examiners will not exercise their discretion appropriately. Some adult
Boards of Review are either too strict or too lenient , so are some
Patrol Leaders' Councils.
The BSA program is set out and can be implemented by new and relatively
untrained adults ; the UK program relies on having experienced leadership
who can guide the Scouts and PLC on goal-setting and evaluation , and I
have seen new Leaders in despair because " the answers aren't in the
book. " In BSA you can bet that somewhere there is the book with the
answers in it. You might not like them , but the anwers are there.
My conclusion is that if you have well-motivated kids led by caring and
trained Leaders it does not actually matter how the training program is
structured. Kids will learn and grow , get recognition or whatever,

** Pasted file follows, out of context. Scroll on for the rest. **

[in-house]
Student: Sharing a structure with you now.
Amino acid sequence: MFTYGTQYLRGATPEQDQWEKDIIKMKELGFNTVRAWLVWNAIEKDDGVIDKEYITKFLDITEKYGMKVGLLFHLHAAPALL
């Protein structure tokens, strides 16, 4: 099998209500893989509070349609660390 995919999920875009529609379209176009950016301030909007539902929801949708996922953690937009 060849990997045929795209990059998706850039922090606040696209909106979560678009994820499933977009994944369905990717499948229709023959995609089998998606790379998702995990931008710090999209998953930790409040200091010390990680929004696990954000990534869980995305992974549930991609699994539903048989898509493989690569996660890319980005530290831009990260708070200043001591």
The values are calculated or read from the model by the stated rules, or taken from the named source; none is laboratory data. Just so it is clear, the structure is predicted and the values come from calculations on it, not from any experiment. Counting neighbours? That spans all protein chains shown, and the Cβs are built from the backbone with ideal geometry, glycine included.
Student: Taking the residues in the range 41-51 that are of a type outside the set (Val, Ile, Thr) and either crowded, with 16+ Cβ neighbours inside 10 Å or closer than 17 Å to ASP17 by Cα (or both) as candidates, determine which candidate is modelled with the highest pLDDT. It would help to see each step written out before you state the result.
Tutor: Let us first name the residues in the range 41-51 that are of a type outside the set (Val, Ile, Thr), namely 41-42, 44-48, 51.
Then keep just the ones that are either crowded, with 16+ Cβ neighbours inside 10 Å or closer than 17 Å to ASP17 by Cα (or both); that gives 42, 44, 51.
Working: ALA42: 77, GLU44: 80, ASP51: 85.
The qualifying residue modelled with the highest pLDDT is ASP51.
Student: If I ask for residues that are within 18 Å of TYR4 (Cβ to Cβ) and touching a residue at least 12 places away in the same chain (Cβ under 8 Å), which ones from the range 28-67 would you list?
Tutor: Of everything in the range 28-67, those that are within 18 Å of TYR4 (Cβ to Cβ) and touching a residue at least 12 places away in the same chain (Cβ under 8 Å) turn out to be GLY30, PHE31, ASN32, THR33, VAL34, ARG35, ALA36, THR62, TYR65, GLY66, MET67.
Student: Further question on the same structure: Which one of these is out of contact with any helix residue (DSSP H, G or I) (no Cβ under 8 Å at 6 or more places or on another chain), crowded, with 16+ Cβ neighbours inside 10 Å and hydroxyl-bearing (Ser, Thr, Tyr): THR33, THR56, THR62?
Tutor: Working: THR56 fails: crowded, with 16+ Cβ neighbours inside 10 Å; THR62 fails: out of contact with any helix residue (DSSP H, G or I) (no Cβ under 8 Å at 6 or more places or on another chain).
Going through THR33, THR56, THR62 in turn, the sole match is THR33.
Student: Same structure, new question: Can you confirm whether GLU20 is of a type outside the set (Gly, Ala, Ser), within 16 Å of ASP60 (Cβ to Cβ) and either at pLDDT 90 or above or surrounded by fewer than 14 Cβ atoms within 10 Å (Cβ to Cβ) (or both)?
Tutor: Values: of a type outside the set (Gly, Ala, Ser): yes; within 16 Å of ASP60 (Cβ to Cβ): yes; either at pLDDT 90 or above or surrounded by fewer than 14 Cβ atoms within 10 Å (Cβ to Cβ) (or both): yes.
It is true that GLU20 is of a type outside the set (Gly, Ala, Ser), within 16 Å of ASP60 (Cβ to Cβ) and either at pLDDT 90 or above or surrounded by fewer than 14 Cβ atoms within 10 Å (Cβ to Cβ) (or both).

and will not only stay they will bring their friends.
Comparing different programs may give ideas , but rarely provides panaceas.
A few years ago I was at a joint meeting of BSA and British Scouts. At
the end of the evening the BSA Scouts were wearing berets and the UK
Scouts ball caps. Each thought that the other organisation had far better
headwear. The Brits said that if they could wear baseball caps like the
Yanks they would never complain about wearing hats again ... honest. The
BSA kids insisted berets were " cool " and that wanted to adopt them as
troop uniform. Why ? The hats were novel . But above all they were not
" regulation " ... if BSA National Office and Gilwell Park had overnight
proulgated changes in uniforming regulations, would the Brits be wearing
baseball caps and the Yanks berets six months later ? Of course not !
For what it's worth ...
Asst Group Scout Leader, 25th Greenwich Group, Greater London South &
Boy Scout trainer, Channel District, Transatlantic Council BSA
Terry Howerton Sakima Group, Inc. SCOUTER Magazine Kansas City